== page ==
This one has been on my book shelf for awhile as happens to the best of us. I finally took it down and read it in a day and a half, mostly because it was engrossing, but also because it was entertaining. But as fun as it was to read and even a little tongue and cheek at times, I learned some valuable lessons. Its a good book for someone younger who is thinking about careers, but it was also good to read as an older guy who's had a long professional career. Parts of it were almost memoir like about the author who has been a very successful business owner. But it was all good armchair reading. Give it as a gift to a college student or anyone.
Congradulations on the book, am ordering one!
The 11th road to riches: Write a generic, vague book with downright obvious information and sell it the unsuspecting public.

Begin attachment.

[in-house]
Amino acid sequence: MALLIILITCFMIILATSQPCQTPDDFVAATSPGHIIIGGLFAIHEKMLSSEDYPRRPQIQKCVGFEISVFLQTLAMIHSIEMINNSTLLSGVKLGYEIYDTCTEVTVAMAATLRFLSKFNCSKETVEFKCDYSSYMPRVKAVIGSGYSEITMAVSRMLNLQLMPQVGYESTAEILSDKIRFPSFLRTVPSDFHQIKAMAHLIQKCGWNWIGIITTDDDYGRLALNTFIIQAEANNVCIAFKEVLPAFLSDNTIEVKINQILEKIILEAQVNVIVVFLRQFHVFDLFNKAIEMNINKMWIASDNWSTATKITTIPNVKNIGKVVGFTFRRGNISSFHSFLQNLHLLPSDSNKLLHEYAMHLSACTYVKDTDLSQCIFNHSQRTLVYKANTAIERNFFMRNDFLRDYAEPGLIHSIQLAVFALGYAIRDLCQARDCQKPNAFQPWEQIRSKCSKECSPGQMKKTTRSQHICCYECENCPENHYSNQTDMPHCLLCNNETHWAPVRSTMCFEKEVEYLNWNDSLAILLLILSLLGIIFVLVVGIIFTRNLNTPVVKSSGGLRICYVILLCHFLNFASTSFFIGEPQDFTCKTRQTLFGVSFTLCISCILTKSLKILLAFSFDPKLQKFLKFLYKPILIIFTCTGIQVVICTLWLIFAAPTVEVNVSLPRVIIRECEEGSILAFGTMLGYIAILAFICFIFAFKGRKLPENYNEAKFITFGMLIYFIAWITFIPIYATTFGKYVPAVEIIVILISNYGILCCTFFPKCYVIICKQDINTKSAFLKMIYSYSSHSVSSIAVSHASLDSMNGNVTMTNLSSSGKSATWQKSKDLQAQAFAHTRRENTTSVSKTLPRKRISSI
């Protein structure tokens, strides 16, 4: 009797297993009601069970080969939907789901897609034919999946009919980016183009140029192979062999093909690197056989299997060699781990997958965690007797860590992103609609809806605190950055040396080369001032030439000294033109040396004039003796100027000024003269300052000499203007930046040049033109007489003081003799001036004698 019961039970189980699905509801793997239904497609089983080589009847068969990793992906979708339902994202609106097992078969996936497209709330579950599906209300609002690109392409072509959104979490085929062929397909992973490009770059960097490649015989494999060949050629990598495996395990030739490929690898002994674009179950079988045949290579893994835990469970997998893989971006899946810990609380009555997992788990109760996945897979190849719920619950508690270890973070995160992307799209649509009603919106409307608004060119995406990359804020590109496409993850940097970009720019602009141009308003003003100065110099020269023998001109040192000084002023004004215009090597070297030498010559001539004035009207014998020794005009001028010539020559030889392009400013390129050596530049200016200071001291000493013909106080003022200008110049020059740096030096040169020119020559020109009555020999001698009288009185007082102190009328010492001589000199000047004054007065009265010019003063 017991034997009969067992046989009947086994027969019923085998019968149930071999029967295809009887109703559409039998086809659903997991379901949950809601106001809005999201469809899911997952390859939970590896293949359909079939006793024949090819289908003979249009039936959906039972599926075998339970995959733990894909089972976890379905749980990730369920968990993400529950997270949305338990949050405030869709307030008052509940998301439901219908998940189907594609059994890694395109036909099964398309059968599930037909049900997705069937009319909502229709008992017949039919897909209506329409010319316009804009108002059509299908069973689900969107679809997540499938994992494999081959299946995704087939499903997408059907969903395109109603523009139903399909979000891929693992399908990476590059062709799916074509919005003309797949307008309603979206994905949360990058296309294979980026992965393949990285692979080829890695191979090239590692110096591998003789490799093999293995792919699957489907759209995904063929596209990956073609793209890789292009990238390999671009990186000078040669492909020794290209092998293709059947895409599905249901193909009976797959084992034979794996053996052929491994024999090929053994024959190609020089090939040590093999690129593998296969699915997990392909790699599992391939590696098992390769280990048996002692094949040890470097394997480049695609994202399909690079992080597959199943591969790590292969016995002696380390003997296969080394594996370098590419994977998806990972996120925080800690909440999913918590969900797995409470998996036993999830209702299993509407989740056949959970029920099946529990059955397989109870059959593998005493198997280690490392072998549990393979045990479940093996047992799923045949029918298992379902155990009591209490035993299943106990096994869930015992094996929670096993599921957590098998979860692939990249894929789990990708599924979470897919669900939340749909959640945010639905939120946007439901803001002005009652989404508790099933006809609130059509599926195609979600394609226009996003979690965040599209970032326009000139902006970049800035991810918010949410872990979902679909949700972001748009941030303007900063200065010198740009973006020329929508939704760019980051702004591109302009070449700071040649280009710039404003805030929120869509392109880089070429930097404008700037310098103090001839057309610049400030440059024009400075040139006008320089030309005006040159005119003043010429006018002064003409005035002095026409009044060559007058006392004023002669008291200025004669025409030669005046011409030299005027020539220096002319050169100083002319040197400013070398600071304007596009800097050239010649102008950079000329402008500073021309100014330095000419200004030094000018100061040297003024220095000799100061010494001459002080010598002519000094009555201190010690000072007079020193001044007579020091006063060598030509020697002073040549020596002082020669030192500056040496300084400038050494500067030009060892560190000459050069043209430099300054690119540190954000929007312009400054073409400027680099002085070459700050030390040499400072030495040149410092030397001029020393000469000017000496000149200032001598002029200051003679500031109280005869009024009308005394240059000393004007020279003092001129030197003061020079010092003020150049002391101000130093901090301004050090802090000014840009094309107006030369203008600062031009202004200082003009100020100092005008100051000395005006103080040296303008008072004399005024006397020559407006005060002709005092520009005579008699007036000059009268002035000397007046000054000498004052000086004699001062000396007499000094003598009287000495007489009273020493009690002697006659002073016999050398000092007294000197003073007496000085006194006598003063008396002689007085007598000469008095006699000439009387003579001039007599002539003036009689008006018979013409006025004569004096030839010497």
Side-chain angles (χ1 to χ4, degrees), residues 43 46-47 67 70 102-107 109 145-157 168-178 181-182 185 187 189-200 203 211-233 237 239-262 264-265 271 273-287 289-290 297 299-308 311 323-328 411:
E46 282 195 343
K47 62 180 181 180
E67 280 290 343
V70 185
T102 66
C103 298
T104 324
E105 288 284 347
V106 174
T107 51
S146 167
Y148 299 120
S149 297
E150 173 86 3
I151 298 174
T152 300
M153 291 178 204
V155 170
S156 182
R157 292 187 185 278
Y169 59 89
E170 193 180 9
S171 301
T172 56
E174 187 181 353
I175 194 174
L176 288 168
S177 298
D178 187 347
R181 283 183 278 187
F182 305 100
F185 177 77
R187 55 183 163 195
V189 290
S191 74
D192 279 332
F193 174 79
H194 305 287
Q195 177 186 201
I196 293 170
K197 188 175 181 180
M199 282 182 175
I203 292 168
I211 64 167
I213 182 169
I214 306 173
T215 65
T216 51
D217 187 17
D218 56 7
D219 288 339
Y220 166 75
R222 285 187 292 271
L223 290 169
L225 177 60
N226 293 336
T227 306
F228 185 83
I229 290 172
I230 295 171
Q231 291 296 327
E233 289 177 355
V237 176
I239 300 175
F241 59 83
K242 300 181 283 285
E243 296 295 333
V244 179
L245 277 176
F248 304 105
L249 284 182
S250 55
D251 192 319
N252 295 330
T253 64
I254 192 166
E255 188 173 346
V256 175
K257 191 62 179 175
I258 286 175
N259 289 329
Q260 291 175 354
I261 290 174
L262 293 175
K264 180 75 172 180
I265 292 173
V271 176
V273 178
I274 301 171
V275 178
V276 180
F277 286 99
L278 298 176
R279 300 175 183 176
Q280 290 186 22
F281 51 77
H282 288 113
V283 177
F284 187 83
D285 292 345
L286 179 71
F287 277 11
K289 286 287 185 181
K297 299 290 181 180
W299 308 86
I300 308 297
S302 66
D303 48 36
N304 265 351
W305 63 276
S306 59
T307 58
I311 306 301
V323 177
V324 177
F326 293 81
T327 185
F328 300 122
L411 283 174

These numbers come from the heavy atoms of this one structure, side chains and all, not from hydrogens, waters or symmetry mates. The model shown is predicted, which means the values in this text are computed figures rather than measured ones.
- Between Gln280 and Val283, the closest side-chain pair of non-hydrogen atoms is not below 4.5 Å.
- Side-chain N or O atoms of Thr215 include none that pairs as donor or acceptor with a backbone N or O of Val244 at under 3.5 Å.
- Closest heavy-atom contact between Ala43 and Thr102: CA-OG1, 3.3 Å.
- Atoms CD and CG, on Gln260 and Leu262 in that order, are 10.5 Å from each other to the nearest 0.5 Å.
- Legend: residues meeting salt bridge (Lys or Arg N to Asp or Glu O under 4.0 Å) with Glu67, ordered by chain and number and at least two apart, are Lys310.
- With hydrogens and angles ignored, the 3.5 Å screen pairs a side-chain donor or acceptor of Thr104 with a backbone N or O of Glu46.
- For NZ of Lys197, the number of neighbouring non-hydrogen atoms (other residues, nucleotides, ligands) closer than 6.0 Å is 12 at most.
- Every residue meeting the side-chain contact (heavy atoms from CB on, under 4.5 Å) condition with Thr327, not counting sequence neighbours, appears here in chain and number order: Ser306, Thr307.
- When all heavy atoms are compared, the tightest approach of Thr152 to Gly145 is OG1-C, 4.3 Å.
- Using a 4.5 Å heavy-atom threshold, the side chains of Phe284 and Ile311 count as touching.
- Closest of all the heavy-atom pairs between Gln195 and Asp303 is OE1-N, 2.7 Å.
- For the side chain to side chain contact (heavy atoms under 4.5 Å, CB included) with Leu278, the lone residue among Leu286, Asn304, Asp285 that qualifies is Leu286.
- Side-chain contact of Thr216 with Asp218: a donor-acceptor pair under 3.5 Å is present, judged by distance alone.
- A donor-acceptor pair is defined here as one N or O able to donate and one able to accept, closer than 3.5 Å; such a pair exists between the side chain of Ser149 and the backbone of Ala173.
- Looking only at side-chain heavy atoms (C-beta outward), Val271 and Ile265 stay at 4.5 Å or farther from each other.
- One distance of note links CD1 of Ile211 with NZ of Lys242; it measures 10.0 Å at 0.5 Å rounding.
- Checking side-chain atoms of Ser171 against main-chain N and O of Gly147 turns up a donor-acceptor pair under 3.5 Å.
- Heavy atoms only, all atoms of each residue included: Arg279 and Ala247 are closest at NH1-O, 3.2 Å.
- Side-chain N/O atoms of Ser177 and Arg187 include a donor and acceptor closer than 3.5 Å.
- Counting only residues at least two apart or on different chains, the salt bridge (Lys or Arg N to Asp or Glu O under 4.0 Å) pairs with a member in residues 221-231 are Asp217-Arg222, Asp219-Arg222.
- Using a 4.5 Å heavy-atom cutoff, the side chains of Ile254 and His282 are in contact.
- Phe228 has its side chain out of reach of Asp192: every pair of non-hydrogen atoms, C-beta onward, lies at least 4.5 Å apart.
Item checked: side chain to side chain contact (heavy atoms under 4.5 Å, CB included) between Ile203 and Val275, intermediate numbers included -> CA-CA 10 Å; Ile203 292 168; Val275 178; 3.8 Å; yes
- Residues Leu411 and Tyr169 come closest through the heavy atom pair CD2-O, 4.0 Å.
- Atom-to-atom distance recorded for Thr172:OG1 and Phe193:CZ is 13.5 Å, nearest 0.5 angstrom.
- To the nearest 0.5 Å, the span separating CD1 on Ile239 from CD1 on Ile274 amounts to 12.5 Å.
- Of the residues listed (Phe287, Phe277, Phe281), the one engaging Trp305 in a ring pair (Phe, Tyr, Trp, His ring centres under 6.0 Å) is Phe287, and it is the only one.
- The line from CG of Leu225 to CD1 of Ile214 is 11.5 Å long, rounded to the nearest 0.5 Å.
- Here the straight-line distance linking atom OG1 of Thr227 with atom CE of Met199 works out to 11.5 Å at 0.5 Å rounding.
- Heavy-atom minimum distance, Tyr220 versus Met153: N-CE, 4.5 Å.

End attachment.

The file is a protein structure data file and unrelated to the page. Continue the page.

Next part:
He simply points out which professions/people make the most money. I don't need a book to tell me that Pro ball players make millions. I'll save you some long worthless hours with a synopsis:
"Become a CEO"....this an actual chapter. Buy a business, and make yourself CEO. Simple as that! Or, become the #2 guy behind the CEO! Suck up to people in power, basically. You can also become a famous sports star...they make lots of money...who knew?! Or become an actor. They make millions/year. He tells you to practice acting, and get an agent. Then lists how much certain actors and Baseball players make. Another chapter is about marrying rich. He tells you places in New York to find rich people - seriously. Next chapter - Steal it by becoming a plaintiff's lawyer and sue your way to riches! Or start a hedge fund! Hmmm, not a problem, that should be easy! Make money by inventing things, or writing books! You can also become the next Donal Trump by becoming a land baron.
This book made me mad at the author while I was reading it. Ken Fisher should be ashamed of himself for putting this book out. Most of it is blatanly obvious filler.